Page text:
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Vol. 30, No. 1, 2007
Issue release date: February 2007
Section title: Original Paper
Kidney Blood Press Res 2007;30:1–7
(DOI:10.1159/000098140)

Does Renal Function Influence Plasma Levels of Advanced Glycation and Oxidation Protein Products in Patients with Chronic Rheumatic Diseases Complicated by Secondary Amyloidosis?

Ryšavá R.a · Kalousová M.b · Zima T.b · Dostál C.c · Merta M.a · Tesař V.a
aDepartment of Nephrology, bInstitute of Clinical Chemistry and Laboratory Diagnostics, and cInstitute of Rheumatology, 1st Faculty of Medicine, Charles University, Prague, Czech Republic

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Article / Publication Details

First-Page Preview
Abstract of Original Paper

Published online: 12/21/2006
Issue release date: February 2007

Number of Print Pages: 7
Number of Figures: 2
Number of Tables: 4

ISSN: 1420-4096 (Print)
eISSN: 1423-0143 (Online)

For additional information: http://www.karger.com/KBR

Abstract

Background: The aim of the study was to assess the contribution of carbonyl and oxidative stresses to the development of amyloidosis in patients suffering from chronic rheumatic diseases, and the potential influence of renal function to their concentrations was considered. Methods: We investigated 17 patients with chronic rheumatological diseases and histologically proven diagnosis of AA amyloidosis (group AA-RA), 26 patients suffering from rheumatoid arthritis without any signs of AA amyloidosis (group nonAA-RA) and 20 healthy volunteers (Co). In all patients, advanced glycation end products (AGEs), advanced oxidation protein products (AOPP), pregnancy-associated plasma protein A (PAPP-A) and other selected proinflammatory markers were measured. Results: An increase in serum levels of AOPP and AGEs was found in the AA-RA group in comparison with nonAA-RA patients and also with Co (p < 0.001 for all comparisons). AGEs positively correlated with serum creatinine (r = 0.67, p = 0.004) and negatively with glomerular filtration rate (r = –0.54, p = 0.027). We did not find a correlation between AOPP and any other assessed parameters including proteins and renal parameters. PAPP-A levels were not significantly increased in any group of patients (AA-RA, nonAA-RA) in comparison with Co. Conclusions: Increased plasma levels of AGEs and AOPP in the group of patients with AA-RA may have been partly explained by the diminished renal clearance. However, the increase in AOPP levels was higher than what is expected in this degree of renal failure (glomerular filtration rate in the AA-RA group corresponding to chronic kidney disease stage III).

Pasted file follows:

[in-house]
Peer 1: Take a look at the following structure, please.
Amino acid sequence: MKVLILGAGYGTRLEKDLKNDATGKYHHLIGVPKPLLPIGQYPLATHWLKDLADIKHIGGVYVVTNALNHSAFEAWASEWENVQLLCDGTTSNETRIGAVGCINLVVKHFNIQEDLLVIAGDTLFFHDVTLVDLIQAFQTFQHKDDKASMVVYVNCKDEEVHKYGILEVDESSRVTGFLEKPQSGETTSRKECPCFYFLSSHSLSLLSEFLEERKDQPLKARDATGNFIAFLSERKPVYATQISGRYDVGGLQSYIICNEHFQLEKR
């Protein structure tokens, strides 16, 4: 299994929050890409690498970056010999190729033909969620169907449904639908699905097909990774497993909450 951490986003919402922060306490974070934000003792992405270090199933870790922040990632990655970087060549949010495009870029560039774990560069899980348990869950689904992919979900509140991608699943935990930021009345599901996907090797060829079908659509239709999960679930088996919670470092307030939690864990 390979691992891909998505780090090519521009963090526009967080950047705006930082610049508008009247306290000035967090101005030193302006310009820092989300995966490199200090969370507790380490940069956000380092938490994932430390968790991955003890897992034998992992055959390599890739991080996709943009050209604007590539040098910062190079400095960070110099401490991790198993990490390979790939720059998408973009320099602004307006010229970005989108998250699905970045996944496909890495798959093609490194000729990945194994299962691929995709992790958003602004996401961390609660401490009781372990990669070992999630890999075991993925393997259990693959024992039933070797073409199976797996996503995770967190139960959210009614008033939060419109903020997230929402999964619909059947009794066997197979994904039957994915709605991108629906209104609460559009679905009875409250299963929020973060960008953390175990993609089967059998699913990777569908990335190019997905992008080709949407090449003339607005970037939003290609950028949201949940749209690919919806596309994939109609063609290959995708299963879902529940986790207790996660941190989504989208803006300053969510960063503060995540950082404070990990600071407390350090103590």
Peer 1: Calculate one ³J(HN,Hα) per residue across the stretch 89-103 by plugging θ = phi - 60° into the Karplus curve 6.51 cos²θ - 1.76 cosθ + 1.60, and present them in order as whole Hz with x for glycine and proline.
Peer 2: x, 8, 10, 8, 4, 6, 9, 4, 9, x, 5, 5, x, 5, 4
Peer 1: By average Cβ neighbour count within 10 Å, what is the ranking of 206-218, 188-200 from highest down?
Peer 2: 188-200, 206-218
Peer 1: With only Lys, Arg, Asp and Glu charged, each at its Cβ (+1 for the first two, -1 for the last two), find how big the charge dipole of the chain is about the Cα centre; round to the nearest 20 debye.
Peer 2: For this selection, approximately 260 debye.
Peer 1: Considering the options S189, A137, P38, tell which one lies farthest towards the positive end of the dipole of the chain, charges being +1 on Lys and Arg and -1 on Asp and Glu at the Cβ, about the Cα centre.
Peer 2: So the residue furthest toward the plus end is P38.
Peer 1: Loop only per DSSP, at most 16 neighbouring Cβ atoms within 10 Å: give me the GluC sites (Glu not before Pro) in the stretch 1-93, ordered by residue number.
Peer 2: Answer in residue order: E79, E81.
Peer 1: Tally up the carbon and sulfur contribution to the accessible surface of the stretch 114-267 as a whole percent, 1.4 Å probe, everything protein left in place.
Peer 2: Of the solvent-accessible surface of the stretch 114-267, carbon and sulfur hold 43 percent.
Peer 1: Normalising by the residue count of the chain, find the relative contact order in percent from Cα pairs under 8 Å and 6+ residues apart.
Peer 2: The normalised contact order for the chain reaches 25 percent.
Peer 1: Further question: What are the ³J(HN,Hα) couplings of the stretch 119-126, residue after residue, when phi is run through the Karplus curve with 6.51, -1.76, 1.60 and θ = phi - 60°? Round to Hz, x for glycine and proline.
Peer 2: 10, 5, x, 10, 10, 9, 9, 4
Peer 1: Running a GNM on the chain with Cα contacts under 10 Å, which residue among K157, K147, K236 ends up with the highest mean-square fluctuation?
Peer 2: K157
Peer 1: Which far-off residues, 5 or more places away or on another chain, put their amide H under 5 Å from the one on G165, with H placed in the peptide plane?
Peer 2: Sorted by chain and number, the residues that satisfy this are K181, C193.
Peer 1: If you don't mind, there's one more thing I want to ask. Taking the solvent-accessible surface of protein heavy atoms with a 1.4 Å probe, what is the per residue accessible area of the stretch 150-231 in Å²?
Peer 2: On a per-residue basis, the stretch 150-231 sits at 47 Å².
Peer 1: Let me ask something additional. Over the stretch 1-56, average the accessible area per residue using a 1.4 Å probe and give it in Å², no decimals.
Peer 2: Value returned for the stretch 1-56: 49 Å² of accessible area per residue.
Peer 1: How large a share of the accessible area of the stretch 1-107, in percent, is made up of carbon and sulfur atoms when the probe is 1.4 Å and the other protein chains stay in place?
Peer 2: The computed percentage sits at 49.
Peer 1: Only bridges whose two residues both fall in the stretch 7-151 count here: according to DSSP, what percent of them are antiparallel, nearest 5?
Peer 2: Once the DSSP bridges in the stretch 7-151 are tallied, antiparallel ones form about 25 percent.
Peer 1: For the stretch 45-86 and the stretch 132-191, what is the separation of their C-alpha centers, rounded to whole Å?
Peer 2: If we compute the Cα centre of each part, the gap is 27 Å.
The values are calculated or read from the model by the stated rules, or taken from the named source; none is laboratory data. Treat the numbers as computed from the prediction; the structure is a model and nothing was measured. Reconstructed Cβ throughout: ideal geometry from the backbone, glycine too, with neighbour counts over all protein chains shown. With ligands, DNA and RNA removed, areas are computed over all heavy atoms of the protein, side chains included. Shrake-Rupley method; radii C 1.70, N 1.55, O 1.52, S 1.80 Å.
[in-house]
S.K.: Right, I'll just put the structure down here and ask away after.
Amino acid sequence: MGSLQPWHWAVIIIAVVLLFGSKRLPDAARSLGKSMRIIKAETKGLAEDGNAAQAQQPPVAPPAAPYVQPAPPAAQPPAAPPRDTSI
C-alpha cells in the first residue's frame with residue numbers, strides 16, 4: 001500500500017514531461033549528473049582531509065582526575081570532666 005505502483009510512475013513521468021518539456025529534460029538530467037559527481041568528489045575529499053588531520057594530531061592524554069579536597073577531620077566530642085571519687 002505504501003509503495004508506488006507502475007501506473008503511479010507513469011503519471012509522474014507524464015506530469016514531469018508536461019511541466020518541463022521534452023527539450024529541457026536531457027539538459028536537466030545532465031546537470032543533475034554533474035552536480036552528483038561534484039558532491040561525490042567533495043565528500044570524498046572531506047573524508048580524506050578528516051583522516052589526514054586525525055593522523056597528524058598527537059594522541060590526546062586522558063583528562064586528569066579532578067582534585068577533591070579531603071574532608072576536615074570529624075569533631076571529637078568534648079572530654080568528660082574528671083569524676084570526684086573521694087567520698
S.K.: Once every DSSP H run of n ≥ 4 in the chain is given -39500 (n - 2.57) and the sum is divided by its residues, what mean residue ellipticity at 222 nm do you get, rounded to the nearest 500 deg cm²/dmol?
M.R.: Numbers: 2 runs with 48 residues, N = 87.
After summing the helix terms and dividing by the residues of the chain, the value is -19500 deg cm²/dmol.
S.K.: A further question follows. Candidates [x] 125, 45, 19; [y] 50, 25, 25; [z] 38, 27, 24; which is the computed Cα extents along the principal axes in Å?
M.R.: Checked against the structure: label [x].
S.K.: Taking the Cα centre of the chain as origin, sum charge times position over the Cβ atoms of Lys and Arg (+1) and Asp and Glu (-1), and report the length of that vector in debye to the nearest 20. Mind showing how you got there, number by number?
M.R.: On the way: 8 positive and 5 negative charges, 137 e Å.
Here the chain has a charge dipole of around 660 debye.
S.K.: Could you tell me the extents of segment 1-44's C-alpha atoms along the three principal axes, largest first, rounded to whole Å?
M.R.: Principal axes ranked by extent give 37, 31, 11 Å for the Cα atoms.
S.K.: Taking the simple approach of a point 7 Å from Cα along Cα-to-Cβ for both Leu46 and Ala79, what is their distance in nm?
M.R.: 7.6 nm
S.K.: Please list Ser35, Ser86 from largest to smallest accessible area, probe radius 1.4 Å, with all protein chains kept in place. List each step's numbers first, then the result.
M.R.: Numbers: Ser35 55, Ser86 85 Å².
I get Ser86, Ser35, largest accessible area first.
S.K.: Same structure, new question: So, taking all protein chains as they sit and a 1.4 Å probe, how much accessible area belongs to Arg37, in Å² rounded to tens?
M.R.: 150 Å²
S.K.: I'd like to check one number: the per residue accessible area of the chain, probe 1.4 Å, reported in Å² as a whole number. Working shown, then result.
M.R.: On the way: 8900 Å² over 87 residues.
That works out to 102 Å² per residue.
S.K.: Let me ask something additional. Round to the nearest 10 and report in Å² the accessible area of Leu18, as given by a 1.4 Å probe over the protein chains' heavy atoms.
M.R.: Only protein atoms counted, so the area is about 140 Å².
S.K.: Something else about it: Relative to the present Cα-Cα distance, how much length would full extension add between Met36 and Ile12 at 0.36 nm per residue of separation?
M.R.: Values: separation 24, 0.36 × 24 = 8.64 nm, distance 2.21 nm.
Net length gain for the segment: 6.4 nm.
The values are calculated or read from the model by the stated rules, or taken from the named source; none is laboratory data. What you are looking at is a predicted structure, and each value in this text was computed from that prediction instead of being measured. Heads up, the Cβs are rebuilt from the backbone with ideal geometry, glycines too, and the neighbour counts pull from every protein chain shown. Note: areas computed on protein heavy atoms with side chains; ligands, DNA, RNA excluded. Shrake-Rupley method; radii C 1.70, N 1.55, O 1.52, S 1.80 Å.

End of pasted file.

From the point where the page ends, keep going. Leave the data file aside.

© 2007 S. Karger AG, Basel


  

Author Contacts

Romana Ryšavá, MD, PhD
Nephrology clinic, 1st Faculty of Medicine, Charles University
U nemocnice 2
CZ–128 08 Prague 2 (Czech Republic)
Tel. +420 2 2496 2587, Fax +420 2 2496 2585, E-Mail rysavar@vfn.cz

  

Article Information

Received: January 27, 2006
Accepted: November 10, 2006
Published online: December 21, 2006
Number of Print Pages : 7
Number of Figures : 2, Number of Tables : 4, Number of References : 22

  

Publication Details

Kidney and Blood Pressure Research

Vol. 30, No. 1, Year 2007 (Cover Date: February 2007)

Journal Editor: Wanner, C. (Würzburg)
ISSN: 1420–4096 (print), 1423–0143 (Online)

For additional information: http://www.karger.com/KBR


Article / Publication Details

First-Page Preview
Abstract of Original Paper

Published online: 12/21/2006
Issue release date: February 2007

Number of Print Pages: 7
Number of Figures: 2
Number of Tables: 4

ISSN: 1420-4096 (Print)
eISSN: 1423-0143 (Online)

For additional information: http://www.karger.com/KBR


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